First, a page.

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Nation’s Top Highway Official Reports On Bicycle Transportation Progress At Earth Day Bike-In Rally

American Government Special Collections Reference Desk

American Government Topics:  Kenneth R. Wykle

Nation’s Top Highway Official Reports On Bicycle Transportation Progress At Earth Day Bike-In Rally

Federal Highway Administration
April 22, 1999

FOR IMMEDIATE RELEASE
Thursday, April 22, 1999
Contact: Virginia Miller
Tel: (202) 366-0660
FHWA 27-99

Injuries to bicyclists are down by 15 percent and bicycle use is up by 89 percent, according to a five-year U.S. Department of Transportation status report released today by Federal Highway Administrator Kenneth R. Wykle at the Washington (D.C.) Area Bicyclist Association (WABA) Earth Day Bike-In rally at Freedom Plaza.

"This is good news for the country, underscoring once again President Clinton’s commitment to safety as the highest transportation priority," said U.S. Transportation Secretary Rodney E. Slater. "President Clinton recently said that now is not a time to rest but to build, and we must continue efforts, through effective partnerships, to reduce injuries and save lives of motorists, bicyclists and pedestrians."

Wykle also announced that detailed guidance for promoting biking and walking activities was sent earlier in the year to all Federal Highway Administration (FHWA) state offices. This guidance outlines potential uses for federal funds to promote biking and walking. Federal funding for bike and pedestrian programs has increased significantly from $6 million in 1990 to $238 million in 1997.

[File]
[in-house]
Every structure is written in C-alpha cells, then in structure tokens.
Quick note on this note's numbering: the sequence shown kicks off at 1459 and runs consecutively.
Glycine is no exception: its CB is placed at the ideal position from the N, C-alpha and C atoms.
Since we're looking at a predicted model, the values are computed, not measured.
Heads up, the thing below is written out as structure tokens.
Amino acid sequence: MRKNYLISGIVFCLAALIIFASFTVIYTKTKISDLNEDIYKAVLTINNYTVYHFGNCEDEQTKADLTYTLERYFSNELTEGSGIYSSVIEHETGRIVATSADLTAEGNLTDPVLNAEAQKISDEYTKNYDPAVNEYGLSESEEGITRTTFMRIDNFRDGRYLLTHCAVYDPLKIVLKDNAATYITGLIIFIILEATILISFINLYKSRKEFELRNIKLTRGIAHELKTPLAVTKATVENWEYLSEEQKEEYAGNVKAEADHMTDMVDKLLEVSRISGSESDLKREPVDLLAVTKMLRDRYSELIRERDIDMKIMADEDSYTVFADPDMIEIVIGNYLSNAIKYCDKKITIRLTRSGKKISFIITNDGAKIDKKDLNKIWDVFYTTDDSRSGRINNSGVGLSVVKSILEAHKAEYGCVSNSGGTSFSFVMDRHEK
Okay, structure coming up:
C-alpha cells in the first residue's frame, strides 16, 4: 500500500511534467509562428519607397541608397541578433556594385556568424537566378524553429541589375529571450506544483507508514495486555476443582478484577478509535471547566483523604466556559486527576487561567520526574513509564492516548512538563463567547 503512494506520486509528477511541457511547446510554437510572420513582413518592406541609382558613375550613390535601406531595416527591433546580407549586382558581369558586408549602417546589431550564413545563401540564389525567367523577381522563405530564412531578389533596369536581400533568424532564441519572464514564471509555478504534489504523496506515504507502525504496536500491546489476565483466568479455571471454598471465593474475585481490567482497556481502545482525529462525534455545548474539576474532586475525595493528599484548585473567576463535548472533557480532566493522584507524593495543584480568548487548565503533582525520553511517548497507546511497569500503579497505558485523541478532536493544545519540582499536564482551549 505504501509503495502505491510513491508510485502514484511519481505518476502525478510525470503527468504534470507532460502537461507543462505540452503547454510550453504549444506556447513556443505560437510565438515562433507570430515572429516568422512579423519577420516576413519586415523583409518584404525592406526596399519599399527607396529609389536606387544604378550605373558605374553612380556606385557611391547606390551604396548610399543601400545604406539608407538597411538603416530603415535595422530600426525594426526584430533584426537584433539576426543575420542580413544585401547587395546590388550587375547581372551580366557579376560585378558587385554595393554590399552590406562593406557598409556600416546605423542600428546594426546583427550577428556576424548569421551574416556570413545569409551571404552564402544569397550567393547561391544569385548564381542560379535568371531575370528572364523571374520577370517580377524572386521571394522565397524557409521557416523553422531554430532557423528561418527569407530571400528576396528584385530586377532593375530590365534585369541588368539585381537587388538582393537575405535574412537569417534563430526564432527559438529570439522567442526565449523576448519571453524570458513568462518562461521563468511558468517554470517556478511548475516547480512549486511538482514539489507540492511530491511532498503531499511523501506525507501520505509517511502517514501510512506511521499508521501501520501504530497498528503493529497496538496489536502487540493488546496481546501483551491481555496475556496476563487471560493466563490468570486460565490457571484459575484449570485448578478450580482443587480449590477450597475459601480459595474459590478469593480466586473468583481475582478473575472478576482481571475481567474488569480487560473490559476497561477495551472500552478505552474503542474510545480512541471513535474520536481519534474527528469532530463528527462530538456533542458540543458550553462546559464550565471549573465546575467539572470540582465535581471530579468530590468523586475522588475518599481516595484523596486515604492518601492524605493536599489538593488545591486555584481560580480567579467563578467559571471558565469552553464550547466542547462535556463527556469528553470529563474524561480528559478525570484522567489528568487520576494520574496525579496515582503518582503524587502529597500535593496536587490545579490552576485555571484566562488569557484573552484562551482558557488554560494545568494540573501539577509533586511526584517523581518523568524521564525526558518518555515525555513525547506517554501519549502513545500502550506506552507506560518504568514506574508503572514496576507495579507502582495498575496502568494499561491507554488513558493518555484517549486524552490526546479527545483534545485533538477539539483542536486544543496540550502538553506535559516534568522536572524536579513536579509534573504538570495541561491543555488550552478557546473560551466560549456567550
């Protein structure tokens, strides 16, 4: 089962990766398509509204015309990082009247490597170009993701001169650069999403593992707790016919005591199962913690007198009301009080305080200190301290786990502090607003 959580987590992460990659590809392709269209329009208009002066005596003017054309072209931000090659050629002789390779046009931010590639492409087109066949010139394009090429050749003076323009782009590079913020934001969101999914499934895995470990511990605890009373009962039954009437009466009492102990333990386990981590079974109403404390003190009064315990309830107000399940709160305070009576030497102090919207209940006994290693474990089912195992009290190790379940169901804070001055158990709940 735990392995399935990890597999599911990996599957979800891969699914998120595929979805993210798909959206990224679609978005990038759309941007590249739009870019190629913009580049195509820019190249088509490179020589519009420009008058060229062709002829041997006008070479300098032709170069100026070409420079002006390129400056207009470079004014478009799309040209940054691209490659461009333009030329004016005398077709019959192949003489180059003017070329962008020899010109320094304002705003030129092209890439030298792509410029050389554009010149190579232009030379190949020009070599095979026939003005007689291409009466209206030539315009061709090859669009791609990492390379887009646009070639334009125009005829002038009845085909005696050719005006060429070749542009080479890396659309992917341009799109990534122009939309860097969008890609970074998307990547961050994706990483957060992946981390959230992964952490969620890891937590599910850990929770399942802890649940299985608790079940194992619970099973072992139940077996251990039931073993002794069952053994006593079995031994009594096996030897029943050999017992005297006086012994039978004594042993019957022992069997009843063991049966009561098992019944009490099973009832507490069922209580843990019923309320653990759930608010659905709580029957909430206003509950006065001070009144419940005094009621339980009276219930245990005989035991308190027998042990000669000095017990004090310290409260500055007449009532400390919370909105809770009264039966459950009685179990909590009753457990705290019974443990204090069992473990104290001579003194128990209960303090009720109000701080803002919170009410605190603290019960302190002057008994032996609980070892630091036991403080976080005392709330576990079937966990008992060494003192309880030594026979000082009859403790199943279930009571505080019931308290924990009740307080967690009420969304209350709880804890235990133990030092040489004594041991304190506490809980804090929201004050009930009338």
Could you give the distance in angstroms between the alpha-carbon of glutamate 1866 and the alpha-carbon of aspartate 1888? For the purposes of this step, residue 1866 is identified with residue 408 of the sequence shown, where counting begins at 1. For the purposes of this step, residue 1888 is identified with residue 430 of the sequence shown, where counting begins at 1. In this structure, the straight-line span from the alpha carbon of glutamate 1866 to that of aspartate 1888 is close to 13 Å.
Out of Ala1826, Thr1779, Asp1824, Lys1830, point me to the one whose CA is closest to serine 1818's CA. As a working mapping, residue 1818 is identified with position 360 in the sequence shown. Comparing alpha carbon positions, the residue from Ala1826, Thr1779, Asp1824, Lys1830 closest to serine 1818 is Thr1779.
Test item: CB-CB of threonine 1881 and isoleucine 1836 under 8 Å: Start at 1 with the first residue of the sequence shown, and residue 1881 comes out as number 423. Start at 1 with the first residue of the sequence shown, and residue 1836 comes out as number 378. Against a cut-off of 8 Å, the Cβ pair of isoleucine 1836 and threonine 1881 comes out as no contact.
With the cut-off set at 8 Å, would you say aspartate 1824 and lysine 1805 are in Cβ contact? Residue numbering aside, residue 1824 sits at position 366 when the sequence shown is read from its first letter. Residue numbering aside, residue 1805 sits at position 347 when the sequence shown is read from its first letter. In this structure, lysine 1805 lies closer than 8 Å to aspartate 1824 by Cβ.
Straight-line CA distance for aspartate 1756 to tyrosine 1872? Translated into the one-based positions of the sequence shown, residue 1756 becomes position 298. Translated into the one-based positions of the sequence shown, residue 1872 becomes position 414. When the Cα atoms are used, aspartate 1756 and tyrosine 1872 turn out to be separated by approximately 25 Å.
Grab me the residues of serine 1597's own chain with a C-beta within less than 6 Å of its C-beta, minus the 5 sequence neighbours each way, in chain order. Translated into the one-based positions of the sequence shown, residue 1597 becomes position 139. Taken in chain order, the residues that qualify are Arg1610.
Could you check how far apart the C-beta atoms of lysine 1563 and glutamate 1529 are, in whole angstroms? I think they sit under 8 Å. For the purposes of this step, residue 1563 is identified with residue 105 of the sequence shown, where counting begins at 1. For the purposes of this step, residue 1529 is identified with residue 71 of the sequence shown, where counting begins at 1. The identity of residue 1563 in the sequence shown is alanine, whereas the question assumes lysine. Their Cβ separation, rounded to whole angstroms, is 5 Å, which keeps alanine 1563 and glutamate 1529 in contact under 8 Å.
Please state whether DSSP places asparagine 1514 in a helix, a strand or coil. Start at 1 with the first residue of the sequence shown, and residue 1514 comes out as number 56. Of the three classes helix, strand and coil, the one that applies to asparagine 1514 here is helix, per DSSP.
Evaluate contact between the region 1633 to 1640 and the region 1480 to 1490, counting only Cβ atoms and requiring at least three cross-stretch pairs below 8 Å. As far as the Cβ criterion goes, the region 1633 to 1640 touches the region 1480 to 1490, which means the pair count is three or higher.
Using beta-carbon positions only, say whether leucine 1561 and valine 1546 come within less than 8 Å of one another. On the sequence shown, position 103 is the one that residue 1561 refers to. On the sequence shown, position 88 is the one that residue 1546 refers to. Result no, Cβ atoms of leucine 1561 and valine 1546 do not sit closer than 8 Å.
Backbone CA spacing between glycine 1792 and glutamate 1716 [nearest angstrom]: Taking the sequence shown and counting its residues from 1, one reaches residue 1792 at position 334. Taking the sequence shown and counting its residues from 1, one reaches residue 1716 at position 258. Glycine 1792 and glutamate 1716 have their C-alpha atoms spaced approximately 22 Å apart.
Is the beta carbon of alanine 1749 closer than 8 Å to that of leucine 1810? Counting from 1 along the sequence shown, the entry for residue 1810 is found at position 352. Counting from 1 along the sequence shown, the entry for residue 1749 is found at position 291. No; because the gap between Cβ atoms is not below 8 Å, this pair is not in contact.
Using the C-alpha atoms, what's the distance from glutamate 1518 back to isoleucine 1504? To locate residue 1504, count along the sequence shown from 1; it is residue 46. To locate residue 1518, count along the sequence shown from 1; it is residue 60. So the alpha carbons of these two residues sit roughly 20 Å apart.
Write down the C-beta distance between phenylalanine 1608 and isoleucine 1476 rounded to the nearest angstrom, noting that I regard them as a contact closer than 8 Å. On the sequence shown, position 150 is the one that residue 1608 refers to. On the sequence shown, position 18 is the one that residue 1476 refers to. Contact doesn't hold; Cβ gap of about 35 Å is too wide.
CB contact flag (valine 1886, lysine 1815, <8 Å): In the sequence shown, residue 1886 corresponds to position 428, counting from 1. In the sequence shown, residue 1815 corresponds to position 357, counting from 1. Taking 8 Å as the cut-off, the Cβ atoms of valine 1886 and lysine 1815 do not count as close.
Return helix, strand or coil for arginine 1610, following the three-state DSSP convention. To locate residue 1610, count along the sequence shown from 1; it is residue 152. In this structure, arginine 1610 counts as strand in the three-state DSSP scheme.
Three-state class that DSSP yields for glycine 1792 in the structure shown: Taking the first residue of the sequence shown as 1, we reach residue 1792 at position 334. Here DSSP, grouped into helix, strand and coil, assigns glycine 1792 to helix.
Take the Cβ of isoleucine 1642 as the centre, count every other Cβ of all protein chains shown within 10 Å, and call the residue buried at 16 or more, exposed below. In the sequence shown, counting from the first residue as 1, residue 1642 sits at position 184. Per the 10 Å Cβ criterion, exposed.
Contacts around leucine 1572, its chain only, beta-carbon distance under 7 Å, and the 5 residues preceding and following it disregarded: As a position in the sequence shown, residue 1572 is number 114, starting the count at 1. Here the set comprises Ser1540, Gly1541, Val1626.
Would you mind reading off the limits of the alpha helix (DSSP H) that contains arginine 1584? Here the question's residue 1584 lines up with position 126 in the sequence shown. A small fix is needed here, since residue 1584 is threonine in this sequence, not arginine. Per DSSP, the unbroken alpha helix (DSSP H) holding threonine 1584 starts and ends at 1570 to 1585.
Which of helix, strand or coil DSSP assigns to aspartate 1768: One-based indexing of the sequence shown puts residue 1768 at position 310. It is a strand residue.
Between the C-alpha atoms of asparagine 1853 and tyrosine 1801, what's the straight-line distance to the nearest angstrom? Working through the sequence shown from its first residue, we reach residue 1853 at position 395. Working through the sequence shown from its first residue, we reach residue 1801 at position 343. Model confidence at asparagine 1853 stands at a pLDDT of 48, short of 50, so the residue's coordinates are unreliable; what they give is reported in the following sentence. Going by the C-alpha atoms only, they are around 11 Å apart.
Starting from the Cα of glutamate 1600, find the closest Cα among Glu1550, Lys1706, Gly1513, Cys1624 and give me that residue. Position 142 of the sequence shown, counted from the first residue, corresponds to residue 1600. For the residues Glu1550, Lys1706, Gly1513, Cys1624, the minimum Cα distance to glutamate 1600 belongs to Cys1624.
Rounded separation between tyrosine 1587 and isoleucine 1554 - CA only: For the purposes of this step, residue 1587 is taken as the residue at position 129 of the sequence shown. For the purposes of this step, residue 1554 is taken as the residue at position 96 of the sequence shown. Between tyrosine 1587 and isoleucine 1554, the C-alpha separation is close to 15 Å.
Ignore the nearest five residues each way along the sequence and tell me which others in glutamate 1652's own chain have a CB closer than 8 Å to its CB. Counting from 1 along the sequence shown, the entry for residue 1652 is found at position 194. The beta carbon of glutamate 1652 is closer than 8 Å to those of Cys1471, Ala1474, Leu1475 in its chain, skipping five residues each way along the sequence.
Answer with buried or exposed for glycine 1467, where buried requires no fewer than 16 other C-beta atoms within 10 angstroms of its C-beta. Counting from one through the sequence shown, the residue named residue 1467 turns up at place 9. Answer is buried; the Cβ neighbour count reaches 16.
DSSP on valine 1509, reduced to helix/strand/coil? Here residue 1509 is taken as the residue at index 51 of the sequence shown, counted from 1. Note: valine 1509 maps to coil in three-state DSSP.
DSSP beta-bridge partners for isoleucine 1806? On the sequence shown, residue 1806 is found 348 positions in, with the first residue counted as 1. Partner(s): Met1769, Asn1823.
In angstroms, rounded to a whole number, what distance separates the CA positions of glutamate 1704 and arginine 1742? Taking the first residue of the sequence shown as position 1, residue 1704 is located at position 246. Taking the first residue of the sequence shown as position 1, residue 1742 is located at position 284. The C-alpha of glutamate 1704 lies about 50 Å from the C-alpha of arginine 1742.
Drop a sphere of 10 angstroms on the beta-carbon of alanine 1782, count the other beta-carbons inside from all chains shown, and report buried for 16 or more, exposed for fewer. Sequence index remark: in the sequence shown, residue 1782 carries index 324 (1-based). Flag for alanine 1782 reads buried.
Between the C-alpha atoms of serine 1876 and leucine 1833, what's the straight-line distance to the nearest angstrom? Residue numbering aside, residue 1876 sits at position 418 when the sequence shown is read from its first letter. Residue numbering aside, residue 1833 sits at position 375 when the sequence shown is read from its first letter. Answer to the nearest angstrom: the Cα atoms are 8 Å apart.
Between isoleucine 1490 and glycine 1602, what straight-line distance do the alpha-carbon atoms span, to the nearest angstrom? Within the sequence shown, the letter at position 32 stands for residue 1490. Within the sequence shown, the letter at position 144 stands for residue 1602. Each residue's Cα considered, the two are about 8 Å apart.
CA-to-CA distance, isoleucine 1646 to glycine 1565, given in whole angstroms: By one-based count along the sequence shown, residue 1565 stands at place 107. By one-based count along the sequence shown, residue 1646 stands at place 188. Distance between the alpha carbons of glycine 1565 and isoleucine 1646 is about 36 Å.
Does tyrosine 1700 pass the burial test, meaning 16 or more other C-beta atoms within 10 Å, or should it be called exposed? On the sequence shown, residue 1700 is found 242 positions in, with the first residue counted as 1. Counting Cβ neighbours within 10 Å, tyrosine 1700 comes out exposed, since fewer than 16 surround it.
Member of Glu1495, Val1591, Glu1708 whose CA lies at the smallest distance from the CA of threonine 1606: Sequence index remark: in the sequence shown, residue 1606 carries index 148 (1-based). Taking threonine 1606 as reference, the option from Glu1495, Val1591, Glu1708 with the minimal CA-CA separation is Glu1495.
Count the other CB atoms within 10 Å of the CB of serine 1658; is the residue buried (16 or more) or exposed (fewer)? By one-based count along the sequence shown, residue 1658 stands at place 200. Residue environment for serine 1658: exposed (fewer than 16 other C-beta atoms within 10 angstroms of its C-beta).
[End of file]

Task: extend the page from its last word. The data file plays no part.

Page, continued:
"We are committed to helping ensure that every transportation agency makes accommodations for bicycling and walking a routine part of their planning, design, construction, operations, and maintenance activities," said Wykle. "Bicycling and walking will be important in our transportation system in the new millennium."

These results are an update of the landmark National Bicycling and Walking Study (NBWS), which was delivered to Congress five years ago today. The 1994 report presented federal, state and local action plans for increasing bicycling and walking in America.

The five-year update released today also indicates that injuries to pedestrians have declined by 18 percent and that walking has increased by 13 percent. The report indicates that fatal crashes involving pedestrians have declined by 6 percent and that the number of fatalities among bicyclists in crashes with motor vehicles has decreased only slightly.

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